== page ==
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False Face (1977) HD online

False Face (1977) HD online
Language: English
Category: Movie / Drama / Thriller
Original Title: False Face
Director: John Grissmer
Writers: John Grissmer,Joseph Weintraub
Released: 1977
Duration: 1h 35min
Video type: Movie
A psychopathic plastic surgeon transforms a young accident victim into the spitting image of his missing daughter.
Cast overview, first billed only:
Robert Lansing Robert Lansing - Dr. Phillip Reynolds
Judith Chapman Judith Chapman - Heather / Jane
Arlen Dean Snyder Arlen Dean Snyder - Uncle Bradley
David Scarroll David Scarroll - Dr. Robert Dean
Sandy Martin Sandy Martin - Sandy
Bruce Atkins Bruce Atkins - Bartender
Muriel Moore Muriel Moore - Cousin Margaret
Clara Dunn Clara Dunn - Gossipy Woman
Stan Wojno Stan Wojno - Donald (as Stanley Wojno)
Laura Whyte Laura Whyte - Jennifer Reynolds
Larry Quackenbush Larry Quackenbush - Keith Jarvey
Greg Oliver Greg Oliver - Killer
Mimi Honce Mimi Honce - Maddie Schuster
Ellen Heard Ellen Heard - Woman at the Party
Tad Currie Tad Currie - Mr. Branch

Reviews: [14]

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    This movie has a great plot. It's fast paced and fun. And it's full of surprises. There's lots of southern flavor here, even a funeral with a jazz band playing and lots of people actually dancing at it. This movie is a classic. It's best to see only the uncut version.
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    Simple fellow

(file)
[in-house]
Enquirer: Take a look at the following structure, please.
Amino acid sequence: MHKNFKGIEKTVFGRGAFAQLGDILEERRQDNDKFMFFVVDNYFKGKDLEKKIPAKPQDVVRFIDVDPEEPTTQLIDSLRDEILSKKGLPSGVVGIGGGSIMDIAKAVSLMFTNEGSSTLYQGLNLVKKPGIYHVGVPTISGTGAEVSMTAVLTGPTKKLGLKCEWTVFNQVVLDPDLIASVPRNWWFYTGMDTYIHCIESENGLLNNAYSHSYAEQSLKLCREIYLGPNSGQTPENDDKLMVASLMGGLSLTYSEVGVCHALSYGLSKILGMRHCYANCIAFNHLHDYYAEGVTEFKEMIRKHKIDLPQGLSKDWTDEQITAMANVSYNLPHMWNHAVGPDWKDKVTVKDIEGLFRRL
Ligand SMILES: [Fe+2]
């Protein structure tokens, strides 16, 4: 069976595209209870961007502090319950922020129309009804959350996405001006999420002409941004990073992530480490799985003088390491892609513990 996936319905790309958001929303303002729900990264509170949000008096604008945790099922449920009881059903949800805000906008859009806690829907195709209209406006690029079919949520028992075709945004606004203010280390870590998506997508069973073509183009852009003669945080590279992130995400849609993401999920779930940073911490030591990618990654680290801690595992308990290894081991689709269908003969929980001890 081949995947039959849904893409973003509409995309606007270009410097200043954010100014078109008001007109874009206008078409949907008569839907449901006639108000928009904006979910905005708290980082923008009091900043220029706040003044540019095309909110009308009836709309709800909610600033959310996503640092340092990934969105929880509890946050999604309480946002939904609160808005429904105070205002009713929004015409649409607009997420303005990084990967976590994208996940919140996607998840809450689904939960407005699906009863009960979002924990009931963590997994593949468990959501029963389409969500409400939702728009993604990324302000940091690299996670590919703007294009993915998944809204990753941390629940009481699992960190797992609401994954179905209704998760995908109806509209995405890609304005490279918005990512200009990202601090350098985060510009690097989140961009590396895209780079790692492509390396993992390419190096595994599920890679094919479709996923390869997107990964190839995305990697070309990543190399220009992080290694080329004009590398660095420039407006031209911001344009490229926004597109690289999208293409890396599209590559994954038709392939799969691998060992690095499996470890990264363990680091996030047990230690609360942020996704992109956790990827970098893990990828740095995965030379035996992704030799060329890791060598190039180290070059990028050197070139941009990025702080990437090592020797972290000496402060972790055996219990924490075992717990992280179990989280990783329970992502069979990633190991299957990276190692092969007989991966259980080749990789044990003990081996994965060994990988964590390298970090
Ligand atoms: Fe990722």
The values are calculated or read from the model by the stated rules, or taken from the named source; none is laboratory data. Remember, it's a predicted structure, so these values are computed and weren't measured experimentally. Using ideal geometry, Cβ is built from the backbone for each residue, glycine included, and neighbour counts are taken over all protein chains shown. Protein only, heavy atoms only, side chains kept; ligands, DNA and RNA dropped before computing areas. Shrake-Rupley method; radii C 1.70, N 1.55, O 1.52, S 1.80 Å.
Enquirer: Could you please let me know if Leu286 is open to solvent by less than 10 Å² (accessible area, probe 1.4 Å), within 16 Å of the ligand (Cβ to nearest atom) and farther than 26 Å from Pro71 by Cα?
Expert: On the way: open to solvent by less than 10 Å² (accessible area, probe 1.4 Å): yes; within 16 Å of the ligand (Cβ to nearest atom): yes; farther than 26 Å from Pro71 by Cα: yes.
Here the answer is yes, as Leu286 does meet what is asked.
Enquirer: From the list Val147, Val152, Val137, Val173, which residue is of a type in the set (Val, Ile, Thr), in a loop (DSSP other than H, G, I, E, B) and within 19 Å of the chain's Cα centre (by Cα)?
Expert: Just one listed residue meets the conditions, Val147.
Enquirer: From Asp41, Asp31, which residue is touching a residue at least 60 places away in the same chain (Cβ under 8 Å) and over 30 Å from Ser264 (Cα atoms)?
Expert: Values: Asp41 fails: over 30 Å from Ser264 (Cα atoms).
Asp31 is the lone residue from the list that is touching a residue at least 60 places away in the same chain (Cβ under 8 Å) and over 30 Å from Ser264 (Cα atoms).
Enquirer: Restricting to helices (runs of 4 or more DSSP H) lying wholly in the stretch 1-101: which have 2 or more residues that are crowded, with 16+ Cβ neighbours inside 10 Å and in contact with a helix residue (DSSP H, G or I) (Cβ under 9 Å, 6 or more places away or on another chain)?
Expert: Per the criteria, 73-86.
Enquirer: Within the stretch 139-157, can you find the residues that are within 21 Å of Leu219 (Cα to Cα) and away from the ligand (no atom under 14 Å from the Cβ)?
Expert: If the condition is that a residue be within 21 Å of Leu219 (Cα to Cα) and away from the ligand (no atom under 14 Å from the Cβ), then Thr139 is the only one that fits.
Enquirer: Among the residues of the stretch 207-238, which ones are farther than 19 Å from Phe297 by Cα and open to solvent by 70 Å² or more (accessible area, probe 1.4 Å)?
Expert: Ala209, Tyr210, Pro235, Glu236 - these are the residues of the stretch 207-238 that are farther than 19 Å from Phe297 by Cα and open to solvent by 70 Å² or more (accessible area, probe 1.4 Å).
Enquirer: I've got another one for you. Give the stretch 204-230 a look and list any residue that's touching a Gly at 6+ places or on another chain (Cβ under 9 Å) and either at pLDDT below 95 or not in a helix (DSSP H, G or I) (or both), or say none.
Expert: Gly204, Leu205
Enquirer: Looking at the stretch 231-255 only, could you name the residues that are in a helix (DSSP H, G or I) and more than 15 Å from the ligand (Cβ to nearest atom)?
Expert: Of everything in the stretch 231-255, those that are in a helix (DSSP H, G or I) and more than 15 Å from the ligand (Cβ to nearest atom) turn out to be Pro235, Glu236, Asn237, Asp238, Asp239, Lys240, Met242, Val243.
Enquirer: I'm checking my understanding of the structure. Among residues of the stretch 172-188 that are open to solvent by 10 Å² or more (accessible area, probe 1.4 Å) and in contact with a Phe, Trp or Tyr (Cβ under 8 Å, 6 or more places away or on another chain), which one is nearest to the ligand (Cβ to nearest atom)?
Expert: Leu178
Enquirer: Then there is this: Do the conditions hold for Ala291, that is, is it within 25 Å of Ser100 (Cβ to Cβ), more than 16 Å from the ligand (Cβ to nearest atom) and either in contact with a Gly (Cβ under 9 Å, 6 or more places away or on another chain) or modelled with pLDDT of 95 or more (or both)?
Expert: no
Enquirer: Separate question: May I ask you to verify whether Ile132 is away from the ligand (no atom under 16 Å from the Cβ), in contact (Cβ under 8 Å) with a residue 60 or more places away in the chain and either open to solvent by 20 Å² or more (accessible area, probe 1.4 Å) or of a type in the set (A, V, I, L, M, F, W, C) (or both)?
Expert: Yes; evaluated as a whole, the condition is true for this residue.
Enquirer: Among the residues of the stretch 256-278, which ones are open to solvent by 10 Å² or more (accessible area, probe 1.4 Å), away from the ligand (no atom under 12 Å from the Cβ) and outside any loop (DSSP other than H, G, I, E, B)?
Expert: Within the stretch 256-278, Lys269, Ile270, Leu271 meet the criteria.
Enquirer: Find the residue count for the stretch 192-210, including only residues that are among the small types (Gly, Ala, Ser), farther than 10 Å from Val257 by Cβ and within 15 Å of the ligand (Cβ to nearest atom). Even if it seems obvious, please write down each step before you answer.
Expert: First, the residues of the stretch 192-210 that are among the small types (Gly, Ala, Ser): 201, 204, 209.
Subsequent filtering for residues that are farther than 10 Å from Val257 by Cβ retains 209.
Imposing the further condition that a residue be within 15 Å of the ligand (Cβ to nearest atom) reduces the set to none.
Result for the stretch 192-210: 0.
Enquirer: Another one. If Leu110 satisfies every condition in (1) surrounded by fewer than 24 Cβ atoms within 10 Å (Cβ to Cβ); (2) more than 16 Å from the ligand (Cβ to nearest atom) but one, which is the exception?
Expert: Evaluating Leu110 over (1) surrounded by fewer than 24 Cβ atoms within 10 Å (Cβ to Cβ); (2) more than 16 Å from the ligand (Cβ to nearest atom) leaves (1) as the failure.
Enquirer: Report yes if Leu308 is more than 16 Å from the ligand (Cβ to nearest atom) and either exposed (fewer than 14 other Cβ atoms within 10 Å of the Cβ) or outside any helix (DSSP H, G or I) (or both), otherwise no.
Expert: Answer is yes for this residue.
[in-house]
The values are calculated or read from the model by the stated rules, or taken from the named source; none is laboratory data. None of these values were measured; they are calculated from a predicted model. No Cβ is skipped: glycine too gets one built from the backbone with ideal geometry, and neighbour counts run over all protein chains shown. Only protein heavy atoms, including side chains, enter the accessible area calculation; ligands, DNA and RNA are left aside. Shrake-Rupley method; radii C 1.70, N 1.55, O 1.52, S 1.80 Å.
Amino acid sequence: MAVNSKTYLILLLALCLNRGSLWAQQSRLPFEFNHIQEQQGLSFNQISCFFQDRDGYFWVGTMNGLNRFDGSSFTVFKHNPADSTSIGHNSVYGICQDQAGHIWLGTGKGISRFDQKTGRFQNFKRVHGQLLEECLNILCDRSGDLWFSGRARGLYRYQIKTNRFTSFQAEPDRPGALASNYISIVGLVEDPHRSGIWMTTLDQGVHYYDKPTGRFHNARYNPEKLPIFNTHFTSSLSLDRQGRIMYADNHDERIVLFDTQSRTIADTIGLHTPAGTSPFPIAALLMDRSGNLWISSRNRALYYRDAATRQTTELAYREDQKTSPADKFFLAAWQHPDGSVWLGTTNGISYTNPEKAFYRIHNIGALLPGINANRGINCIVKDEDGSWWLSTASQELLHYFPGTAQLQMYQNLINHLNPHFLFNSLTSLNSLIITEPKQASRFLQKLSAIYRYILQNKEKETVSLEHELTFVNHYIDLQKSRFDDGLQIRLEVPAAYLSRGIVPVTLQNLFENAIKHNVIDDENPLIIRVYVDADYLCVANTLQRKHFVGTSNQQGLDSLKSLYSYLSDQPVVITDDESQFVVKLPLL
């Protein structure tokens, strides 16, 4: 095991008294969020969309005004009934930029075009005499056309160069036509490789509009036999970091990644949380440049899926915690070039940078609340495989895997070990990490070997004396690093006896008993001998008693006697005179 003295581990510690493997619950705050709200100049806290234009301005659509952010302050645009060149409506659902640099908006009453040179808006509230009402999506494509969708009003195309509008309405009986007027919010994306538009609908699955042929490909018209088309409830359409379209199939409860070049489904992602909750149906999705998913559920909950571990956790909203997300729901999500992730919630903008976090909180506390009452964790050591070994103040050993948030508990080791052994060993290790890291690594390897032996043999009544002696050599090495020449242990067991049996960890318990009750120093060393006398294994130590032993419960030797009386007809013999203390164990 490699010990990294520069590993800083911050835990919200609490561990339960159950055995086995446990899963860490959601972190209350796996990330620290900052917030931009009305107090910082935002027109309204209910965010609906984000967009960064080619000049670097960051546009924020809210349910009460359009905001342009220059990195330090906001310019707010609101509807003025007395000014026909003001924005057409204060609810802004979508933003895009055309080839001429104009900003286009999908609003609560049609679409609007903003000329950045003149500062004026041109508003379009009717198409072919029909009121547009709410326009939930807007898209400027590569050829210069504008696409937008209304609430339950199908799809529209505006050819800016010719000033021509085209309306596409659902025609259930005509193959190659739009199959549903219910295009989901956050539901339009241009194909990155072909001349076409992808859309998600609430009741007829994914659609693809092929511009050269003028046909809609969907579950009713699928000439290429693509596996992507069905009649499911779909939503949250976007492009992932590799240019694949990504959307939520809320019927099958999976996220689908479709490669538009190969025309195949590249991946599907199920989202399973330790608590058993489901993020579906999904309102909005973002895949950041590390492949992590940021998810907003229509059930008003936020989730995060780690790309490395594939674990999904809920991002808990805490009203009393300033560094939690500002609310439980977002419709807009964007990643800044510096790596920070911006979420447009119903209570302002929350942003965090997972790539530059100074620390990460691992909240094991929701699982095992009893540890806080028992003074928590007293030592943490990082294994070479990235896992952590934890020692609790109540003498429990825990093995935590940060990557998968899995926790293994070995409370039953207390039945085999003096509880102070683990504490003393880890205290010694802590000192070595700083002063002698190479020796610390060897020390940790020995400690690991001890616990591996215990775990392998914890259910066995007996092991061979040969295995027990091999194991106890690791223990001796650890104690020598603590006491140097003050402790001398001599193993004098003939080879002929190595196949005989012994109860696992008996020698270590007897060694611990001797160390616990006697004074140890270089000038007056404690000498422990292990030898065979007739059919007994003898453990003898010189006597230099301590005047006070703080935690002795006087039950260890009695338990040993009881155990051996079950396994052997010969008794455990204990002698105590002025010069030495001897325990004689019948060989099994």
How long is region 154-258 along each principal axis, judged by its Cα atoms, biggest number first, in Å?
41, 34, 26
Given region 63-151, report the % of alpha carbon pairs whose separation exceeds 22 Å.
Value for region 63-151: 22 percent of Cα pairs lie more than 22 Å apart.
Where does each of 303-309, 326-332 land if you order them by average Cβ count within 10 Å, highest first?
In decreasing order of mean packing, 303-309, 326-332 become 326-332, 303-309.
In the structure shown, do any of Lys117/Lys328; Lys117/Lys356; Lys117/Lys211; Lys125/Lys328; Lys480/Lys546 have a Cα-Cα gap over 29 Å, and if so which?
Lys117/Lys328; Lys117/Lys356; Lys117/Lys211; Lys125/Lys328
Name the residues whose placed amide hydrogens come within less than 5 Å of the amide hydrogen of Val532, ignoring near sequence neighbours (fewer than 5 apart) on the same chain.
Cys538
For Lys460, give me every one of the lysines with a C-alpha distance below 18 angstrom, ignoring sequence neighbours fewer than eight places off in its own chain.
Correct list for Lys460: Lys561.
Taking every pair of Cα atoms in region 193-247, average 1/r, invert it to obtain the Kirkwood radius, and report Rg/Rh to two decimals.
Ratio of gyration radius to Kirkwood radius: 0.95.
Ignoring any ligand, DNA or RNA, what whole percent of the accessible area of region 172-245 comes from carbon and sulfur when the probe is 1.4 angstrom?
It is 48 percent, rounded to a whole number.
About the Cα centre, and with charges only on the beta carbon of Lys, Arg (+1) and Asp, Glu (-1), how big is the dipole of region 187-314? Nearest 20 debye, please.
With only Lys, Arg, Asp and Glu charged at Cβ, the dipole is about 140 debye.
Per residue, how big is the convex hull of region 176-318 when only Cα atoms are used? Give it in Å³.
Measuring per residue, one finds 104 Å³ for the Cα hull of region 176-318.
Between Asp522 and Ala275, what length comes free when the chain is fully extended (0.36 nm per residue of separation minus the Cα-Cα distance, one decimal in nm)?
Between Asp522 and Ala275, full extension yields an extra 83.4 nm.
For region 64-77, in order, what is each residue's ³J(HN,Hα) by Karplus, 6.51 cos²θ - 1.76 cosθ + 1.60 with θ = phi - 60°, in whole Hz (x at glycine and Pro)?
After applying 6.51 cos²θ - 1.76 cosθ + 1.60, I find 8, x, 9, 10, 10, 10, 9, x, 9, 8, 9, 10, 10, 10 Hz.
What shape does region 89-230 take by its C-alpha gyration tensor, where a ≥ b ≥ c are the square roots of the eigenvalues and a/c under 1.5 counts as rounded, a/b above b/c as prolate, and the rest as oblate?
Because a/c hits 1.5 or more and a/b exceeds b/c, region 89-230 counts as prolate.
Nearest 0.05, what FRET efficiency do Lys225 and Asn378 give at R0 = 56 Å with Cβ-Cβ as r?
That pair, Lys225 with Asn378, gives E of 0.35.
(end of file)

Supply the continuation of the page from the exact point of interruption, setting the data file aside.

"Scalpel" aka "False Face" is a soberly sturdy little southern Gothic dramatic thriller that might not have the pulsating thrills sprinkled throughout but the solid performances (Robert Lansing perfectly portrays one really twisted character underneath the solemnly overconfident façade) and a laconic narrative pulls you through by throwing up some offbeat occurrences (possible incest) and tension-grabbing surprises. It's humid soap opera stuff with many complications surfacing, as the harboured dementia (Lansing's laugh shows glimpses of it) lurking beneath goes onto tear a gaping hole in the trust, as lust enters the mind.

    Plastic surgeon Dr. Phillip Reynolds learns at the will reading of his deceased father-in-law that his daughter (who has been missing for some time now and his violent tendencies might just have something to do with that) has inherited the family fortune of 5 million dollars. This makes Reynolds and his brother-in-law Bradley (who only received the pooch) angry and annoyed. Later that night while driving the pair come across a badly beaten go-go dancer that won't give out any personal details, so Reynolds secretly offers the girl the chance of inheriting some of his daughter's fortune if she agrees to allow him to reconstruct her face - just like his daughter and act like her. She accepts, and the scheme is in motion. Everything is going according to plan, that's until the real daughter appears on the scene.